The two-hour event is family-friendly and open to the public. Ephipany will provide bottled water and snacks, birthday cake and a free MIFA50 T-shirt to volunteers.

The garden is located at the corner of Wolf River Boulevard and Bray Station Road in Collierville.

During MIFA’s CommUNITY Days, which take place over five days in September, people from more than 60 faith groups across Shelby County will gather to partner on more than 25 projects to benefit Memphis-area communities.

– Special to The Daily News

Restaurant Plans Submitted For Old Windjammer Space

Plans have been filed for a new restaurant building to rise on the now-empty, East Memphis lot where the old Windjammer Restaurant stood for decades.

Building documents were submitted to the Construction Code Enforcement office as part of construction-permit application for 786 E. Brookhaven Circle.

The blueprints do not include proposed signage with the name of the restaurant, but the plans were submitted under the heading “Wide Eyed Owl.’’

Plans show the restaurant will have two dining areas: A main, front space with tables for 56 people and a front patio with 24 seats under a sloping roof and surrounded by an ornamental iron fence.

The documents also show a bar with six seats, a drink-fountain area and kitchen, and bathrooms toward the back.

The exterior would be clad in fiber-cement siding and the roof would be metal, documents show.

The application estimates construction to cost $400,000.

– Special to The Daily News

Judd Grisanti Opening Restaurant Inspired by Father

Judd Grisanti is just a few short weeks away from opening a restaurant that moves him to tears almost every time he talks about it.

In early September, Ronnie Grisanti’s will open at Regalia. It’s been home to Mikasa, Circa by John Bragg, Southward and most recently, Heritage Tavern & Kitchen. As the three-month remodel nears the end, it’s a new place.

“We wanted something cozy, a place where you come and you might want to stay all night,” Grisanti said. “We definitely want everyone to feel at home.”

Home, in this case, is most like the former Ronnie Grisanti’s at Poplar and Humes, the space where the late Grisanti operated for about 30 years. Like the new place, it was clubby and comfortable.

Judd Grisanti and his brother Alex worked with their father on Poplar for many years before setting out on their own, each in different directions. When the elder Grisanti left the Poplar spot, he eventually landed in the restaurant at Sheffield Antiques Mall in Collierville. As his health declined, Judd Grisanti joined his father and eventually took over that operation, which closed early this summer.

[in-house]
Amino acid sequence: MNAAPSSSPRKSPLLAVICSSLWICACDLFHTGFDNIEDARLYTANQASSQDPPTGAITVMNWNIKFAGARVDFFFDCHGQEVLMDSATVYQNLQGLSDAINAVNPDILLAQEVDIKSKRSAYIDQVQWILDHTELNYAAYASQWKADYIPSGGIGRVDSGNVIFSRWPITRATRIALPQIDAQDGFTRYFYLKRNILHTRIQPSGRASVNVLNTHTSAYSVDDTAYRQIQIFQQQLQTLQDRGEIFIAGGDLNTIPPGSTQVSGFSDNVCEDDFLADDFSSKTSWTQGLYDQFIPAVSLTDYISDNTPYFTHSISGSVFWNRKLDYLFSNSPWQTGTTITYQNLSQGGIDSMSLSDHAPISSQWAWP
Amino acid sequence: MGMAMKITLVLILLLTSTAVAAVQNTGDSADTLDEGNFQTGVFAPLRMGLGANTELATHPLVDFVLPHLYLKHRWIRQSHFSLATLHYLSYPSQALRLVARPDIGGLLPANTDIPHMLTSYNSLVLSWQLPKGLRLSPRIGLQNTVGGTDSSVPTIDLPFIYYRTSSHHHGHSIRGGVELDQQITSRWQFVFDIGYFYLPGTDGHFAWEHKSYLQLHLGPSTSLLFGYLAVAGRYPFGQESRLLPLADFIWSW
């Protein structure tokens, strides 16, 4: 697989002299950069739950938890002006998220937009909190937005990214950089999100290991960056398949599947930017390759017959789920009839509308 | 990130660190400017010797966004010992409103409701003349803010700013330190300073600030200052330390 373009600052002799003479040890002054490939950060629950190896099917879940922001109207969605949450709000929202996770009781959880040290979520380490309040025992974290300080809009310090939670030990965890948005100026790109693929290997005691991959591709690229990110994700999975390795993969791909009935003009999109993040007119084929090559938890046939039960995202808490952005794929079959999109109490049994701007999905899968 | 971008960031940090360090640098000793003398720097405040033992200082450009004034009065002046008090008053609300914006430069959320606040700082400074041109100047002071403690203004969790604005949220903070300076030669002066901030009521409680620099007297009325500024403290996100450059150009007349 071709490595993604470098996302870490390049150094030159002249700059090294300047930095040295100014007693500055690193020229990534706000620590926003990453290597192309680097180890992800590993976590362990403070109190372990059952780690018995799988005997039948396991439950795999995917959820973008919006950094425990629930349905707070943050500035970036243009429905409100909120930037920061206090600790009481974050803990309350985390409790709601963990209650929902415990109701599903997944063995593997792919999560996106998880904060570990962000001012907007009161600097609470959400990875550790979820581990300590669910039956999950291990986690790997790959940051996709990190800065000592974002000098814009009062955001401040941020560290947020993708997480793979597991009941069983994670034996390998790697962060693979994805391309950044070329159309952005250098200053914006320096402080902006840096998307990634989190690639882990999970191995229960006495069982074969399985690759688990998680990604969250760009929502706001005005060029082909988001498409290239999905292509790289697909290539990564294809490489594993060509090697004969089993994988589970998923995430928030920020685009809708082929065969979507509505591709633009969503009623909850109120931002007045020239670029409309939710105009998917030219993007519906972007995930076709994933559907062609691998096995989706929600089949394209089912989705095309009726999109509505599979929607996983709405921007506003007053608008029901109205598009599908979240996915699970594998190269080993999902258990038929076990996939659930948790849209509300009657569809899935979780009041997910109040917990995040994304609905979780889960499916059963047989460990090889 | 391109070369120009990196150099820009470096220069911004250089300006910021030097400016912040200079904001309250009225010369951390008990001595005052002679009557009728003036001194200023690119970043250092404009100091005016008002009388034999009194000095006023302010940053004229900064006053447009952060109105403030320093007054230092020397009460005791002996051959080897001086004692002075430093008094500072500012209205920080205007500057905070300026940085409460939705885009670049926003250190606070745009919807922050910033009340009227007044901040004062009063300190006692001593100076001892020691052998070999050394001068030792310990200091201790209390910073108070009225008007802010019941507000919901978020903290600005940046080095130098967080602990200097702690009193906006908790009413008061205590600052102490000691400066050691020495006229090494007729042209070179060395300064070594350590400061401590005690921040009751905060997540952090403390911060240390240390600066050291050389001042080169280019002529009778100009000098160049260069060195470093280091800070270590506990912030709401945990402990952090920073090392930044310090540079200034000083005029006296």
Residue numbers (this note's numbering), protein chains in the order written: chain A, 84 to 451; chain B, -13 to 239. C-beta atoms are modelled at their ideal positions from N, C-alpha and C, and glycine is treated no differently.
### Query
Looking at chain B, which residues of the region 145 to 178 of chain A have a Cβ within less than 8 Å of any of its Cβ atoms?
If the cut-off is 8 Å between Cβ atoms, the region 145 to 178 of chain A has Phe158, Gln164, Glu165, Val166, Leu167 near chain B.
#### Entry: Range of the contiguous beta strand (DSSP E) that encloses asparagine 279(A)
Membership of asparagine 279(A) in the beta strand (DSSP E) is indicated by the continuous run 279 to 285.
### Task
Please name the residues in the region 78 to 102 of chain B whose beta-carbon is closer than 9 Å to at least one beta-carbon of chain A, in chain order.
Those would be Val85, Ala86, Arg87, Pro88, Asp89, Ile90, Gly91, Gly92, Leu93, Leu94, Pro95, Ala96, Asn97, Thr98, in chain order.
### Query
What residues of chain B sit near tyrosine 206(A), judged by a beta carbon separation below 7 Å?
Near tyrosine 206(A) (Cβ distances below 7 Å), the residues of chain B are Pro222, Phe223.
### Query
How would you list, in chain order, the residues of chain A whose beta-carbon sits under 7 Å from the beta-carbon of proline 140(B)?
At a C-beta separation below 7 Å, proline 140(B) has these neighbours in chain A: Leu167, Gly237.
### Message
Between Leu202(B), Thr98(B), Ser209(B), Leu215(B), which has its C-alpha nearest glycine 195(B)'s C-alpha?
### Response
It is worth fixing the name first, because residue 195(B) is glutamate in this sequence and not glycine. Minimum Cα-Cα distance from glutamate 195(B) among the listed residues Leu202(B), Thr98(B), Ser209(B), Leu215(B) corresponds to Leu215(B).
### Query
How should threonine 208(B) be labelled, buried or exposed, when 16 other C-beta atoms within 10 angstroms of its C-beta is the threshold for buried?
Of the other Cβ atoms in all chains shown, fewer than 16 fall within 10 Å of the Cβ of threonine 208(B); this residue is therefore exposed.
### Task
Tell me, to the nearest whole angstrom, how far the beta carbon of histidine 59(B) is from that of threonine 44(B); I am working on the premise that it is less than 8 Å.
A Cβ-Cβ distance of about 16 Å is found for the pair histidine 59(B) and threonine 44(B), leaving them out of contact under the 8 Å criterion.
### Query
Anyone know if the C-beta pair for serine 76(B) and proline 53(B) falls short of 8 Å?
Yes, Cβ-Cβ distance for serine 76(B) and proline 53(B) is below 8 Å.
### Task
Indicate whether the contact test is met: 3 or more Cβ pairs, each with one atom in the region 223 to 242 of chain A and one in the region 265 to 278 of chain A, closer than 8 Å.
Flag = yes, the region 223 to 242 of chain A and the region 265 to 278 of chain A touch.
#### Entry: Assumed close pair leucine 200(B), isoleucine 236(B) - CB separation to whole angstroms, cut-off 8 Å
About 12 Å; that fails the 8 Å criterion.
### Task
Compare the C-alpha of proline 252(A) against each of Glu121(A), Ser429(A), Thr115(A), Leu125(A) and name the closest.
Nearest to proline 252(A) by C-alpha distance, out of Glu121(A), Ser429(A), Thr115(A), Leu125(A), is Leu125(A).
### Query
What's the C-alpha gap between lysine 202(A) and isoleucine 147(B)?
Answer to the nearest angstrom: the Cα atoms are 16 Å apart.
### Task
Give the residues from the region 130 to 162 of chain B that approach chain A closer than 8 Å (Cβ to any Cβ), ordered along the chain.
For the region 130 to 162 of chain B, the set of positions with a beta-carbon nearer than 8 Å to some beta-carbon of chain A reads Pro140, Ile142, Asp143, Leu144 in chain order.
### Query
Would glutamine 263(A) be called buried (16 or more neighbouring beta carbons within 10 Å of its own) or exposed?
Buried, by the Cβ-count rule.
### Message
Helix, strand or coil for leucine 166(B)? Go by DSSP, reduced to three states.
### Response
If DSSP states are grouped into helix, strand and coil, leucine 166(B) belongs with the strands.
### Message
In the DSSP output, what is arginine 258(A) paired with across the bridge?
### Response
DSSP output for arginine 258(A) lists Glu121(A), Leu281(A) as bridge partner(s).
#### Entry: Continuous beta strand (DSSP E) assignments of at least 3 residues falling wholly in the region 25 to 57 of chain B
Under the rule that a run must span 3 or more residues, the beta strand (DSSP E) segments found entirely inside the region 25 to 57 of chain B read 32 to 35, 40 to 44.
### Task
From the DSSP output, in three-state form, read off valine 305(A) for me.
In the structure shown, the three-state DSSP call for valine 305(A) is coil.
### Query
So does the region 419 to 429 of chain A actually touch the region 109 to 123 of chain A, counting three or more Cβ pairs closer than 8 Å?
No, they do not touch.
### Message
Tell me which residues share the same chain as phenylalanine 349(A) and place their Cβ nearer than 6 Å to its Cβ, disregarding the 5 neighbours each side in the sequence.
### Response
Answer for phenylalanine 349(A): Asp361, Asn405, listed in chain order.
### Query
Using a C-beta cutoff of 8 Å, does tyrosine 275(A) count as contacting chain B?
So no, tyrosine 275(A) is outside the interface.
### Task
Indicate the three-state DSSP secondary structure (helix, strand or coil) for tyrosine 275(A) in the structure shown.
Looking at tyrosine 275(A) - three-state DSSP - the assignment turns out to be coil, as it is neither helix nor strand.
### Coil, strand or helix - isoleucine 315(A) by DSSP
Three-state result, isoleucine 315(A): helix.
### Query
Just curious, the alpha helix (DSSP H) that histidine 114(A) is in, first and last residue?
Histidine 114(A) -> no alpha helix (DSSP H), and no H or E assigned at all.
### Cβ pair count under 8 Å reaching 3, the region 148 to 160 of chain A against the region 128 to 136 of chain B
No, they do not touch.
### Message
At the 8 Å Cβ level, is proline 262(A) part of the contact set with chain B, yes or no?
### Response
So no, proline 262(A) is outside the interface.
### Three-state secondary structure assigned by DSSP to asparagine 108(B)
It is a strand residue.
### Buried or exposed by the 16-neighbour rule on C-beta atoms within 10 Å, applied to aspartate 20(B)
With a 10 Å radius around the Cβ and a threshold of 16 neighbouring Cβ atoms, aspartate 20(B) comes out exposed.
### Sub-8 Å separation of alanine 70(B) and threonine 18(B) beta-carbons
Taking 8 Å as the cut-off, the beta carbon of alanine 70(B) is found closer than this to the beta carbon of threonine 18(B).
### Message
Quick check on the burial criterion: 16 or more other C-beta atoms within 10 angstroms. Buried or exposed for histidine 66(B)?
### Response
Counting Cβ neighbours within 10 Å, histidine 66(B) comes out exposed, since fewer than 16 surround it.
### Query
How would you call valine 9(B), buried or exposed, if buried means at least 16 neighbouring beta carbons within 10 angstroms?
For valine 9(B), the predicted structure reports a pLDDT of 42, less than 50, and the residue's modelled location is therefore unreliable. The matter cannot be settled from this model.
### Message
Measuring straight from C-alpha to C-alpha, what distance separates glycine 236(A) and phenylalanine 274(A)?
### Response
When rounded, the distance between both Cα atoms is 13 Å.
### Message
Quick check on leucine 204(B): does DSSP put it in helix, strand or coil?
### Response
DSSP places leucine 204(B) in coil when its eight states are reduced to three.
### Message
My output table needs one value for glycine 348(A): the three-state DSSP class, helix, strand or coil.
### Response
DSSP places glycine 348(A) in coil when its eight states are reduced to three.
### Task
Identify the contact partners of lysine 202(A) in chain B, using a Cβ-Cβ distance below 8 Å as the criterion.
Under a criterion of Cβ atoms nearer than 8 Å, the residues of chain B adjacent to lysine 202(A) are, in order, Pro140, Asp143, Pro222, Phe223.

The new restaurant will seat 24 at a double-L shaped bar, which is also where oysters will be served. The dining room seats 136 in its current configurations. There are more than a dozen roomy booths and a large table in an alcove that can be made private. A half wall is home to booths on one side and tables on another, and the center of the dining room holds tables. An upstairs dining room looks down over all the hubbub.

The front glass doors are coming down; in their place arched mahogany doors with leaded glass are going in.

“You’ll know you’re coming into an old-world place when you see the doors,” Grisanti said. “And the first thing people will see is my father’s signature on the wall. He had a perfect signature. It looked like he used a stamp every time he signed his name.”

Other Grisanti’s memorabilia will be in the entry, from old menus to family photos. And the menu will include many of the favorites from the old places, from classic to the family such as Elfo Special to freshly made pasta, and numerous fish and meat dishes.

“I call it antico and nuovo,” Grisanti said. “It’s old food but with a new twist.”

He’ll open for dinner and within a few weeks add lunch service. Eventually he’ll have Sunday brunch and plans for a valet take-out service so diners on the go can have meals delivered to their car

“This is such an emotional journey for me,” he said. “I cannot tell you how honored I am to be doing this for my family’s name, but you can’t imagine how much I wish my father were here to see it.”

– Special to The Daily News